“You can check out any time you like, but you can never leave.”
— Hotel California, The Eagles (1977)
Utah elected officials were full of hope and promises in 2019 when they moved to tear down the old Road Home homeless shelter on Rio Grande Avenue and replace it with three “homeless resource centers” in Salt Lake City and South Salt Lake.
The idea was that no neighborhood would be the community’s single focus of (wholly inadequate) services for the homeless and no one would have to put up with the crime and unpleasantness associated with it.
But unless the Legislature and Gov. Spencer Cox are prepared to do a lot more — which, frankly, means spending a lot more — the result is about to be a loss of hope and a broken promise that threatens to recreate the squalor of the old shelter, if on a smaller scale, in several different locations.
Sitting on a surplus of $2 billion, including an infusion of some $1.4 billion through the federal American Rescue Plan Act, the Legislature agreed to part with just $55 million for homeless services and to create some truly affordable housing. That’s less than half of the $128 million proposed in the governor’s budget, and not nearly enough to avoid a failure of the whole resource center plan.
There has been some good news, with Utah’s robust philanthropic community stepping up here and there to provide services and housing. The latest bit of hope was announced Thursday, when Kem and Carolyn Gardner announced a gift of $5 million toward the new receiving center for mental health and substance abuse patients who need immediate attention. That is part of the Huntsman Mental Health Institute, launched with a $150 million donation from the Huntsman Foundation in 2019.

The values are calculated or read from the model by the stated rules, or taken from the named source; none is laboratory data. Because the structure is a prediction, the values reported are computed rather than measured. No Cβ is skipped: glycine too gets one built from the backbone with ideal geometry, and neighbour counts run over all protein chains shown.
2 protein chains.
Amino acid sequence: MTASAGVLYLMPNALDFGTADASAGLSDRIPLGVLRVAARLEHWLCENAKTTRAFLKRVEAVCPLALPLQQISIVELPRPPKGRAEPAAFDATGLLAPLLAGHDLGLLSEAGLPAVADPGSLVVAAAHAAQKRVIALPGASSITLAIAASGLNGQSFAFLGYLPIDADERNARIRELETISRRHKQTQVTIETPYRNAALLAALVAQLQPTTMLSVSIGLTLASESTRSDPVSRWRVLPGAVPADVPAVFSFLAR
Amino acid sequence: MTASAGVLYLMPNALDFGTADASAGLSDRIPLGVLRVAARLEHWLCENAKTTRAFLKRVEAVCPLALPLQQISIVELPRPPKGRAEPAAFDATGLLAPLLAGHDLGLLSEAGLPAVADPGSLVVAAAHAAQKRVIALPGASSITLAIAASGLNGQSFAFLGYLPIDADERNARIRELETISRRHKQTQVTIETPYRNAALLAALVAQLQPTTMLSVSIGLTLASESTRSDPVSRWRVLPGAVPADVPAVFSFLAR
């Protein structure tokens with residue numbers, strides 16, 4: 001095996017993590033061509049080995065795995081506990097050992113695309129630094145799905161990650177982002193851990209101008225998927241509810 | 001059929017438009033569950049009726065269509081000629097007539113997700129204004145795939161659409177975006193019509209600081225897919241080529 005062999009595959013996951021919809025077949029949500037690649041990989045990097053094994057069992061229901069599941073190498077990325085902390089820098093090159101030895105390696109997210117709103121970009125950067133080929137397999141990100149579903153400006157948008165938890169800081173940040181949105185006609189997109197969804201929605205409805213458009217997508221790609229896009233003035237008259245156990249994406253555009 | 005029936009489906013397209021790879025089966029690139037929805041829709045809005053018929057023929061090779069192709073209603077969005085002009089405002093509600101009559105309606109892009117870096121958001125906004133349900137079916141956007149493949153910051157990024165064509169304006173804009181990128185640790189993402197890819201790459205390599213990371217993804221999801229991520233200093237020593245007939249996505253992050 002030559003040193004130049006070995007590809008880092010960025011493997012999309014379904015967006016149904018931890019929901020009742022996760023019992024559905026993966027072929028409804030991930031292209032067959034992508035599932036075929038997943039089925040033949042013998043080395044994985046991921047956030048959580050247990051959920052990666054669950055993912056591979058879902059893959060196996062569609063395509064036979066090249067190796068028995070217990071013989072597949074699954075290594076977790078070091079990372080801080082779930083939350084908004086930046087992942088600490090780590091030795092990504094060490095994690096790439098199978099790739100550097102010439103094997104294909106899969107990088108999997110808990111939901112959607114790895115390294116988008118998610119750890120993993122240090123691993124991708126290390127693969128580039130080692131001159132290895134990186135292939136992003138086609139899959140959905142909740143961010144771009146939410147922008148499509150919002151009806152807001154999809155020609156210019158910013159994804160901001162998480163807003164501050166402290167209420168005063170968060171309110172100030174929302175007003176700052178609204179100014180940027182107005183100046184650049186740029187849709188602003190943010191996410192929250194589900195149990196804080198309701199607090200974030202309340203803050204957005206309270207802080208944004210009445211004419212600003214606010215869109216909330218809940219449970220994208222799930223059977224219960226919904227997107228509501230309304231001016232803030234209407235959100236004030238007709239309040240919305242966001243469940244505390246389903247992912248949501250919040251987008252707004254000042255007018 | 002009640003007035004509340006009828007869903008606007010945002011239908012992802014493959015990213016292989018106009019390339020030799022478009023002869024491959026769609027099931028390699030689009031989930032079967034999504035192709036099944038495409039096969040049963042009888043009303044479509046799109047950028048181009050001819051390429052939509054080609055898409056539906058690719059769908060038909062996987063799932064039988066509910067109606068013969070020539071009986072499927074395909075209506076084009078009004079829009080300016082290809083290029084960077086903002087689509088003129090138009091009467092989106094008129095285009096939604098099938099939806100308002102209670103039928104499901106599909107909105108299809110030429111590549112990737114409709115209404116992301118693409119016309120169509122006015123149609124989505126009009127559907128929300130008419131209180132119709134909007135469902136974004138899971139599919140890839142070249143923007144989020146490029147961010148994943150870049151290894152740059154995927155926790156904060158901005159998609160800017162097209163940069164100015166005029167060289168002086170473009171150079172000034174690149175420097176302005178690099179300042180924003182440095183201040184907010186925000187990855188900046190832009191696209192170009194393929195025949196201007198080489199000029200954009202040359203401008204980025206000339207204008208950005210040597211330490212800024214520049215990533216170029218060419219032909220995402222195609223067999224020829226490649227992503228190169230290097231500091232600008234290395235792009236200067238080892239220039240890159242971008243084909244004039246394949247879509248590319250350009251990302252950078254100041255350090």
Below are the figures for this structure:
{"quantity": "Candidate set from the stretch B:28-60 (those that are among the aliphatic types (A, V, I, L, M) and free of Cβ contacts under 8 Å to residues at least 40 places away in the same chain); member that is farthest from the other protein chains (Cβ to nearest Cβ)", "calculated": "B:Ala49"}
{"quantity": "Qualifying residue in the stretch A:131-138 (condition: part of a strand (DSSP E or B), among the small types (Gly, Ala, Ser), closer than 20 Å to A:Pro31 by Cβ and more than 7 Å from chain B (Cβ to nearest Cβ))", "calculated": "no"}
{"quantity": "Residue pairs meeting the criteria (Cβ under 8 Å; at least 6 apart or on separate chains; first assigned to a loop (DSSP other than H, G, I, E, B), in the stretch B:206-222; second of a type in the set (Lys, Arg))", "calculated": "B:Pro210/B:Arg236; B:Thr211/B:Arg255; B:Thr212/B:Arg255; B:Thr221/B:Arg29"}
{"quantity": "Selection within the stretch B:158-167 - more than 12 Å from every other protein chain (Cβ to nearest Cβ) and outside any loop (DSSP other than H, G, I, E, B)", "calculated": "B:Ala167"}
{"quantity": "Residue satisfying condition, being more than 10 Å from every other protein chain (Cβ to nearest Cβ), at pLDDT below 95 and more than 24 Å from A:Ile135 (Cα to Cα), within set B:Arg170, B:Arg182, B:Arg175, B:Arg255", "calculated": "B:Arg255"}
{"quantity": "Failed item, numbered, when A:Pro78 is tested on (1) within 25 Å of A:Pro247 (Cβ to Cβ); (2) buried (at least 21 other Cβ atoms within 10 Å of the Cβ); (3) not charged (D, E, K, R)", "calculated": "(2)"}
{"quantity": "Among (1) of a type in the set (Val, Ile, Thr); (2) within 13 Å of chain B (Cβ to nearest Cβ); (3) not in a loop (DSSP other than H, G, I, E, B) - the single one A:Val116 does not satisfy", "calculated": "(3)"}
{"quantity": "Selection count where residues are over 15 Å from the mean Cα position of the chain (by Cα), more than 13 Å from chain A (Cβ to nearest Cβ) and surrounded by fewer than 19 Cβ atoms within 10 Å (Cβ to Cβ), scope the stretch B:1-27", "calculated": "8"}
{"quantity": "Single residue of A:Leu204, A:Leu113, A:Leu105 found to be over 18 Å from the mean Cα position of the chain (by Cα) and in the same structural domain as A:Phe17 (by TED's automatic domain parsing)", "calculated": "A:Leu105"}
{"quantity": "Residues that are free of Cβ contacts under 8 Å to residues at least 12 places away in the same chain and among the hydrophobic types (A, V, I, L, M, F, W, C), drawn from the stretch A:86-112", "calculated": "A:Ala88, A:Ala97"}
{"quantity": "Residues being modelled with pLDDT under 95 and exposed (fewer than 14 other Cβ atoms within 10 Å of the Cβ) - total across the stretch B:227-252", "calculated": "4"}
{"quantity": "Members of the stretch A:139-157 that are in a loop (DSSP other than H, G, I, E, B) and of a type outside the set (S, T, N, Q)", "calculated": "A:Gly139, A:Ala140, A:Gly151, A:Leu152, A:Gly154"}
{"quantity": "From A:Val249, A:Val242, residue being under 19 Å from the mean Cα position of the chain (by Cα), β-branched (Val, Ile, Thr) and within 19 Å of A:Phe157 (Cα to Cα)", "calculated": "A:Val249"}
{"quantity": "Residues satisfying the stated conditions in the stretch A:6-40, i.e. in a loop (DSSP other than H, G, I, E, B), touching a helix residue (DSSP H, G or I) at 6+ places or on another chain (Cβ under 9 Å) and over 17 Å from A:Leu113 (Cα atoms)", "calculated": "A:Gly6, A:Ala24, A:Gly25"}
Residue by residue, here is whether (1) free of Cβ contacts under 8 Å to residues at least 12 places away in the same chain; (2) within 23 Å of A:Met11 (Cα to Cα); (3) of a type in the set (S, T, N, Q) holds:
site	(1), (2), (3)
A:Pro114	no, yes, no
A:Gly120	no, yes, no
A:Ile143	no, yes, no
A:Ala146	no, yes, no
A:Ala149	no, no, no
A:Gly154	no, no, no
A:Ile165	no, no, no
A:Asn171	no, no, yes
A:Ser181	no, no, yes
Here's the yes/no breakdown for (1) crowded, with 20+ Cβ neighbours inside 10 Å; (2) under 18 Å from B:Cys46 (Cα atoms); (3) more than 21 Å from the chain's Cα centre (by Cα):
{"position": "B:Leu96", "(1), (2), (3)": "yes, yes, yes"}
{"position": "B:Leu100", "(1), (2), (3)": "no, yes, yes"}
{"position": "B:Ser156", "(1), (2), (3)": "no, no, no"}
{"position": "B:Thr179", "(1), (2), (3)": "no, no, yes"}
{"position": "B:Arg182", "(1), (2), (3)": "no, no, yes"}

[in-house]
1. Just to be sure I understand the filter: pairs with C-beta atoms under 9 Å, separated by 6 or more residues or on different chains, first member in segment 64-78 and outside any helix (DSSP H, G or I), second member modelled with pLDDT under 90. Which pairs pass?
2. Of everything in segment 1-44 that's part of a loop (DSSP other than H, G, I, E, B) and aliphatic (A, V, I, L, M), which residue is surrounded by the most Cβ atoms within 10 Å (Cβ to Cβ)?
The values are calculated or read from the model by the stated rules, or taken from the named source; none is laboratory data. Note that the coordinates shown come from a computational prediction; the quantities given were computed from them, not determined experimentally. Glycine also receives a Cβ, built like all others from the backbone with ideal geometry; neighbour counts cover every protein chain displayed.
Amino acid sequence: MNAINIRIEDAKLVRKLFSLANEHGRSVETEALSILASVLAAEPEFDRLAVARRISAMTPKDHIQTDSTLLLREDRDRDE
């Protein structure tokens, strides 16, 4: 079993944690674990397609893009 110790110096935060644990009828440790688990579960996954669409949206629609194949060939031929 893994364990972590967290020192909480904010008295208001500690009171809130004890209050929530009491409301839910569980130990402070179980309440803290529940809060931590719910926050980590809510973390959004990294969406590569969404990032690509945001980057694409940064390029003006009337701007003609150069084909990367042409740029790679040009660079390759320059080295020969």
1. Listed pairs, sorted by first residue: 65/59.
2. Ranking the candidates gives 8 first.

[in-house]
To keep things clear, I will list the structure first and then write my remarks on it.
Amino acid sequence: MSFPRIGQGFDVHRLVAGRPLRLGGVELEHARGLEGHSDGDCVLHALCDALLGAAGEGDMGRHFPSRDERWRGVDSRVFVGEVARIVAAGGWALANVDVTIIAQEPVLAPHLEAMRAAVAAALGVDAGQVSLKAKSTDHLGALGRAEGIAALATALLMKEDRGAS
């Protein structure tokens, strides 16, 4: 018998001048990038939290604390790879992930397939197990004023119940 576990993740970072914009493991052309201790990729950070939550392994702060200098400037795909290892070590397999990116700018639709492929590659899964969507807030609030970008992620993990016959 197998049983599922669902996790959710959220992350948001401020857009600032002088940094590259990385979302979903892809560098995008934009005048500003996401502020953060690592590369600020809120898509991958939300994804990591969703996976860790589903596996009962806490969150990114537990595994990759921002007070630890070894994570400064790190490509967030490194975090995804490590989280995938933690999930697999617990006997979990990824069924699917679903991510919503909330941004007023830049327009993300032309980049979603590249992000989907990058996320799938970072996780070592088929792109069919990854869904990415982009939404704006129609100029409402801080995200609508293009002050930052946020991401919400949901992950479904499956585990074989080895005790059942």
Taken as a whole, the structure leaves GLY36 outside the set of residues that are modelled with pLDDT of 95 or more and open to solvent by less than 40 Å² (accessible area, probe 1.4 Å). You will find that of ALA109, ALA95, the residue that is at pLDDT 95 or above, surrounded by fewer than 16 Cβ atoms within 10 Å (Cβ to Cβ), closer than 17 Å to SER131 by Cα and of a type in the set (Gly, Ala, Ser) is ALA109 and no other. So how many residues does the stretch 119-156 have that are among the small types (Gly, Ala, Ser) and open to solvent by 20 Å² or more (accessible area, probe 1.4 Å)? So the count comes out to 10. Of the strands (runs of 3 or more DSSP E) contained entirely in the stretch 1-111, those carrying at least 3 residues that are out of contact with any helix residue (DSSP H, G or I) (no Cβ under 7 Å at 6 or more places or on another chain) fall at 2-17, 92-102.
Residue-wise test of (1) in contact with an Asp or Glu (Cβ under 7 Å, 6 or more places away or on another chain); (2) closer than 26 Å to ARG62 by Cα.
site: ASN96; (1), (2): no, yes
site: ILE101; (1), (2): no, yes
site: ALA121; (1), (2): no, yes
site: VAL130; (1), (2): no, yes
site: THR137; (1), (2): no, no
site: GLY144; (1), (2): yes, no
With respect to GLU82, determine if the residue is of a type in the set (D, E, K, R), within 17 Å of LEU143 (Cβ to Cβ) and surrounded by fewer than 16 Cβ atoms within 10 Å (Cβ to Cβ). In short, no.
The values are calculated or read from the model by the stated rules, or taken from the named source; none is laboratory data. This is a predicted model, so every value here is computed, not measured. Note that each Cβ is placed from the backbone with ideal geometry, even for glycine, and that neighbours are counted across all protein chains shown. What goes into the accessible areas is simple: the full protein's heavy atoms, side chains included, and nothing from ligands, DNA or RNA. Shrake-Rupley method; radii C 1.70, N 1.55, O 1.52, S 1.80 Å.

When the three homeless resource centers were created, over some objections of local residents and city officials, their mission statement was not to run more warehouses but provide active services that would do a lot more than prevent the homeless from starving and freezing to death.
They would help each homeless human being deal with whatever problems had brought them, acquaint them with whatever government services, disability or veterans benefits, health care, including mental health, treatment and move them into whatever level of permanent housing they could manage.
But the service centers are full and are likely to stay that way because, even when clients and staff succeed at turning lives around, there is a serious shortage of permanent housing for the formerly homeless to move into. A community where the vacancy rate for rental housing is 2% and rents climbing at 10% a year, and where the majority of the many housing complexes going up around the valley are aimed at high-end tenants, there is just no place for those served in the service centers to go.
The Legislature’s answer to this problem in the session just completed was the passage of HB440, which orders communities of Salt Lake County to cram more homeless people into more shelters, some of them seasonal, with threats of taking over the shelter-siting process and removing the population limits on each of the existing three resource centers if some other answer isn’t found.
Salt Lake City Mayor Erin Mendenhall and Utah state Sen. Todd Weiler, R-Woods Cross, have both pointed out that lifting those limits would break the promise the state made to the affected cities and neighborhoods when those centers were built.
The grant program the Legislature did approve won’t be nearly enough to start a much-needed process of helping developers, some of them nonprofit, from creating some of the kind of housing that the once and the near homeless can actually afford to live in. The Other Side Academy has a plan for a village of 430 tiny houses in Salt Lake City, enthusiastically backed by the mayor, but the $20 million grant it was seeking from the state is unlikely to be awarded when the whole fund includes only $55 million.
The appointment of former Senate President Wayne Niederhauser as head of the state’s homeless services office made some sense because, even though he knew very little at the time about homelessness issues, he knew all there is to know about wringing money out of the legislative process.
Now that Niederhauser knows more about homelessness, the job falls largely to him to convince his former colleagues that they are not being serious about the problem unless they are willing to put more money and effort into creating the kind of housing that will keep people off the streets. The people of Utah should get ahold of their elected officials and give them the same message.